Tuesday, January 18, 2011

Will Scott Walker Follow Sam Brownback's Lead?

Kansas, just like Wisconsin and every other state in this country, is facing serious budgetary problems. Their newly elected governor, who has to deal with their budgetary issues, is Sam Brownback, former U.S. Senator and failed presidential candidate, who had at one time touted the misnomer of "compassionate conservatism."

But now, as the governor of Kansas, instead of showing any sort of compassion, Brownback is showing nothing but amorality.

Instead of balancing the budget by judicious use of finding new revenue and making responsible cuts in the budget, Brownback has decided to abandon that state's most vulnerable and passing the buck onto the municipalities:
Yet perhaps the most brutal cut in Brownback’s budget comes to the Kansas Neurological Institute (KNI). The governor proposes completely eliminating funding to the institution by 2014, which would force it to close down. KNI serves nearly 160 people with severe mental disabilities; two-thirds of its patients cannot walk and four-fifths are unable to speak.
This proposal, as one could imagine, is causing quite the uproar among that fine state's legislators, from both sides of the aisle.

But simply abandoning the mentally ill and the developmentally delayed isn't enough for Brownback. He would nonchalantly toss the expense of caring for these people onto the laps of the community health agencies, regardless of whether they have the resources for these vulnerable citizens or not:
The Brownback administration claims that community health services will be able to take up the patients after the closure of KNI. This would likely pass on the cost of caring for the patients to cash-strapped municipalities. It’s also unclear if there is even room for the patients among community services. In 2009, a government commission voted to close KNI, but the recommendations were never followed through, partly because there was a waiting list of “approximately 4,000 people with disabilities who are already waiting for home- and community-based services.”
So, now that one fool as set the bar ever the lower for irresponsible budgeting, unethical treatment of vulnerable citizens, and the willful failure to take on any responsibility, how will other Republican governors, especially Scott Walker, react?

This should be a genuine concern for Wisconsinites in general, and especially for advocates for the disabled as well as municipal and county leaders.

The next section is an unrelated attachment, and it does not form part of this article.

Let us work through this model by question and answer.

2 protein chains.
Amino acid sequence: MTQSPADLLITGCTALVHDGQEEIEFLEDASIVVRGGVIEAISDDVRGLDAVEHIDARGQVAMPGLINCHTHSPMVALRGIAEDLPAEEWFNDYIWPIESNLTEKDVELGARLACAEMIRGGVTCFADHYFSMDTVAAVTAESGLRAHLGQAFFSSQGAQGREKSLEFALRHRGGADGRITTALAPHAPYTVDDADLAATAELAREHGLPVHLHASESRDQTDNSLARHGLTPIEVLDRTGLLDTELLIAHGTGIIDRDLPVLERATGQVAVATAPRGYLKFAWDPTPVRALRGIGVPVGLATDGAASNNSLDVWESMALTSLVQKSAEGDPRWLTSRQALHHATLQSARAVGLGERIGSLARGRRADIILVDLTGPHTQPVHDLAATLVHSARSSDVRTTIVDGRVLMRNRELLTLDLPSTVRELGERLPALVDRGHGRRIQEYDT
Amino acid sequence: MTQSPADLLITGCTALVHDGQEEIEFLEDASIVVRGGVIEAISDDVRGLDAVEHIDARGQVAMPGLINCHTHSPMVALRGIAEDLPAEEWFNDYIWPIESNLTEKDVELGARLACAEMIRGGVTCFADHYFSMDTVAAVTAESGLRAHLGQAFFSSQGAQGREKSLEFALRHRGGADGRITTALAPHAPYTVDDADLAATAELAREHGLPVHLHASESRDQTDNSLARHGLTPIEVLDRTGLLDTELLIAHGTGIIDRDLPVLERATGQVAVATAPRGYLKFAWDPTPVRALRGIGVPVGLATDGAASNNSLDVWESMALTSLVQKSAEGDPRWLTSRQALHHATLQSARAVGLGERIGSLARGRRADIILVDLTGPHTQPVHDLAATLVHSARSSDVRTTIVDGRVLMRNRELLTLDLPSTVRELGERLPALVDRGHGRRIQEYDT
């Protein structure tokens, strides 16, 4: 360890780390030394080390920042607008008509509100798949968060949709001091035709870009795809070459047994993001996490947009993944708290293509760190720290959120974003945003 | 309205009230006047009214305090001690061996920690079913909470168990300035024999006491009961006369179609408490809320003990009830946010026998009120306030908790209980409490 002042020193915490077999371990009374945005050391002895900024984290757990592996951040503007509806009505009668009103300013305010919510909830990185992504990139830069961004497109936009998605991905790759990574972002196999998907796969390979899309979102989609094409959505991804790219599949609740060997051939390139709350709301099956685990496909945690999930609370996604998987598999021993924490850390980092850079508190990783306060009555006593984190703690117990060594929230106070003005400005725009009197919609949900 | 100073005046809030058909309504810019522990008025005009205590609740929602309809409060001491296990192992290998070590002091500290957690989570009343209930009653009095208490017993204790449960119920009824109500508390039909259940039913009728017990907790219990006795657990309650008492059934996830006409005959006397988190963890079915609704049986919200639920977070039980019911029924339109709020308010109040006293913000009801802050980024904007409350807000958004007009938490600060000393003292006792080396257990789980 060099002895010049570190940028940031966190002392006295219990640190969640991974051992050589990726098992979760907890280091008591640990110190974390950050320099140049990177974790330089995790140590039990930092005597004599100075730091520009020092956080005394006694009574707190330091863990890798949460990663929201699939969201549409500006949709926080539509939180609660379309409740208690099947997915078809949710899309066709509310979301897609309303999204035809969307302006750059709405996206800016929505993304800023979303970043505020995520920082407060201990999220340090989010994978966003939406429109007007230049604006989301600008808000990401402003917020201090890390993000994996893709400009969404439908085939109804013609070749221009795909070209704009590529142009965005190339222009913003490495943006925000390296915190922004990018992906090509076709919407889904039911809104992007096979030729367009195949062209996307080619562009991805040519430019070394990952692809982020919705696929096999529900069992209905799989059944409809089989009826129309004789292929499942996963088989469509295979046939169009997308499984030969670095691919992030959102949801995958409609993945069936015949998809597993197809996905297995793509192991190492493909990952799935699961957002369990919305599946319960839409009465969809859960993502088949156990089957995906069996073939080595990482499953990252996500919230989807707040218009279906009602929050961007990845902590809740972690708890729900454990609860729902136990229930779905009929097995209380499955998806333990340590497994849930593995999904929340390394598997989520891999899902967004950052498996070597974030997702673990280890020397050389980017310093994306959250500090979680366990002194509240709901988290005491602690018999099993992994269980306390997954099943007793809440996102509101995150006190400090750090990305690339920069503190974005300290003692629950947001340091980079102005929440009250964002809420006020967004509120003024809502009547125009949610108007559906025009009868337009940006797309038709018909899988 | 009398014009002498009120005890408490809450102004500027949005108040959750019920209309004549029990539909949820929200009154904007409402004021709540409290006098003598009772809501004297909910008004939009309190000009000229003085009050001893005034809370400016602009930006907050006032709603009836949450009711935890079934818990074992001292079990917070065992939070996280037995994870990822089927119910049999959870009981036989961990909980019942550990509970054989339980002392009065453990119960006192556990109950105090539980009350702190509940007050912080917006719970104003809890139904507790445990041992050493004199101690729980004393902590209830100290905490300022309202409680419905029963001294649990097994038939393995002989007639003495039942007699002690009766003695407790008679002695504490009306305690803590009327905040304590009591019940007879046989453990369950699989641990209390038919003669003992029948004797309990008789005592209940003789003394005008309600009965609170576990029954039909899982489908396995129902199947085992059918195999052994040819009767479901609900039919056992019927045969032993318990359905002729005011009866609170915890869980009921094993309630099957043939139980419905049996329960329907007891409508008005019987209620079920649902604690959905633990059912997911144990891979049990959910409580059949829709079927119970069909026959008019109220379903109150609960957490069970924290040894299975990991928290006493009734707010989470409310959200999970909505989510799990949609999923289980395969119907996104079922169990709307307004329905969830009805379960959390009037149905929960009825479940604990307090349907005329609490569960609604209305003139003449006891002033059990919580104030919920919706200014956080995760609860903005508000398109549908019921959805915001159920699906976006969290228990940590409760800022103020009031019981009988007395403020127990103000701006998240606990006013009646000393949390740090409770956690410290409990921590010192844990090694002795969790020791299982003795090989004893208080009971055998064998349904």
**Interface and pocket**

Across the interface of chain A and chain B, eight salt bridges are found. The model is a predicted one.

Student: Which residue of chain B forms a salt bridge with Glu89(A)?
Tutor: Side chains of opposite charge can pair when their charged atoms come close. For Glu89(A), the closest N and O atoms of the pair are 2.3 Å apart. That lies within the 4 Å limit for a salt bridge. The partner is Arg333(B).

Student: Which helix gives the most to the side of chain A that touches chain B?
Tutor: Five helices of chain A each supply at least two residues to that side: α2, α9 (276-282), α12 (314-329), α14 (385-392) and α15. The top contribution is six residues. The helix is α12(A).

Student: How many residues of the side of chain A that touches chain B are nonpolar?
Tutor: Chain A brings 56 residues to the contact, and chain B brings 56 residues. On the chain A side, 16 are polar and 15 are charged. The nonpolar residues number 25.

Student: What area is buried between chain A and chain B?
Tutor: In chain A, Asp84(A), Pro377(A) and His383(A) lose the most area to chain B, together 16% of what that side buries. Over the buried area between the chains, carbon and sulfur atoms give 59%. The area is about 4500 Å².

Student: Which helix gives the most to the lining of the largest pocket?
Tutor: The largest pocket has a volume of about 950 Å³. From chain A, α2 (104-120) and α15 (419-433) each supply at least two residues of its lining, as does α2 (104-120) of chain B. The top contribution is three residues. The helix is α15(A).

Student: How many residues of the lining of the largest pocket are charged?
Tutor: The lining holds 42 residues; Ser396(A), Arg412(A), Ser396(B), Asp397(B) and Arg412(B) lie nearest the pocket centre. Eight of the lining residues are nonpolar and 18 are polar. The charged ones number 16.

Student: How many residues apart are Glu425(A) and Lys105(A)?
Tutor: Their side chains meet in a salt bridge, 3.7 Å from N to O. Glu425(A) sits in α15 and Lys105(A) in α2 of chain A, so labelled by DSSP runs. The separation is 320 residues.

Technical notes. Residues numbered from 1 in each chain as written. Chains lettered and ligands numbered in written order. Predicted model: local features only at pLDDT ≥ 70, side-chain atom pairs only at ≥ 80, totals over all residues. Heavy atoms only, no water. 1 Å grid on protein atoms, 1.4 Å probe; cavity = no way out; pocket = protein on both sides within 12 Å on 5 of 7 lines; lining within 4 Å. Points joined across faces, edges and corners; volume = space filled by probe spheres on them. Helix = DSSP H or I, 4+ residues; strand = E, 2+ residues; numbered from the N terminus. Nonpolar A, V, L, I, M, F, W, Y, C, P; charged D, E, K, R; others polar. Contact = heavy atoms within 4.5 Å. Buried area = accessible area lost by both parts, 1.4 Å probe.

As Milwaukee County Executive, Scott Walker has shown a remarkable disregard for the vulnerable citizens. He's allowed the mental health complex facility to fall into such a state of disrepair that it was labelled as "shoddy" by inspectors, and would cost millions to fix. He's continuously cut back on staffing to the point of making it unsafe for patients, staff members and even members of the neighboring community. He has closed down several wards, forcing those patients into the community whether they were ready for such a huge transition or not.

Indeed, Walker is already showing the same disregard as governor, with one of his first moves was to issue a proposal to allow nursing homes to avoid their responsibility for poor care or maltreatment.

Walker's budgetary prowess is no better than his track record in caring for the vulnerable. His last two budgets as county executive were illegally laden with massive deficits. It has already been shown that his first proposals to "fix the budget," create jobs and reduce the deficit are doing the exact opposite of those stated goals.

And can anyone tell me when Walker has ever taken responsibility for any of his actions? I can't think of one.

It also wouldn't be hard to imagine Walker being more than willing to pass the tough decisions and the hard problem solving to the mayors and the county leaders in this state. Before one would dismiss this notion, think for one minute on how he, as county executive, regularly passed the buck to the Milwaukee County Board to fix his mistakes, or at least to take the blame when he had failed in one area or another.

Is it any wonder that Walker and his faithful sidekick, Rebecca "Get Real" Kleefisch are spending more time acting like they're still in campaign mode, just to gain even a modicum of popularity, much less respectability?


  1. KNI is an institution for those with severe to prfound cognitive disabilities.
    There has always been a debate, since the 80's whether to close down institutions and place the residents in group homes in their community.
    I'm not sure who is right because both sides nake good points. The main argument for closing an institution is that it gives the residents a more normal life and it is cheaper.
    On the other hand, there are some people who want to keep those with severe disabilities in an institution beause they can recieve better direct medical care.
    For me, I come down in the middle I would love to see more cognitively disabled in the community where they lead a more normal life. But there can be a need for the most severely disabled in an institution because of their severe medical needs. But they can also recieve those services in a local nursing home or in a group home that caters to those kinds of kinds.
    I would tend to side with Brownback.
    And if Walker called for the closure of Central Wisconsin Center in Madison, Southern in Union Grove and Northern (forget the city and it may not even be still opened), I would support it, provided they have group homes available to the residents that cater their needs.
    For the record, I used to work at CWC and volunteered at Southern.

  2. So what is it like to walk around with so much hatred?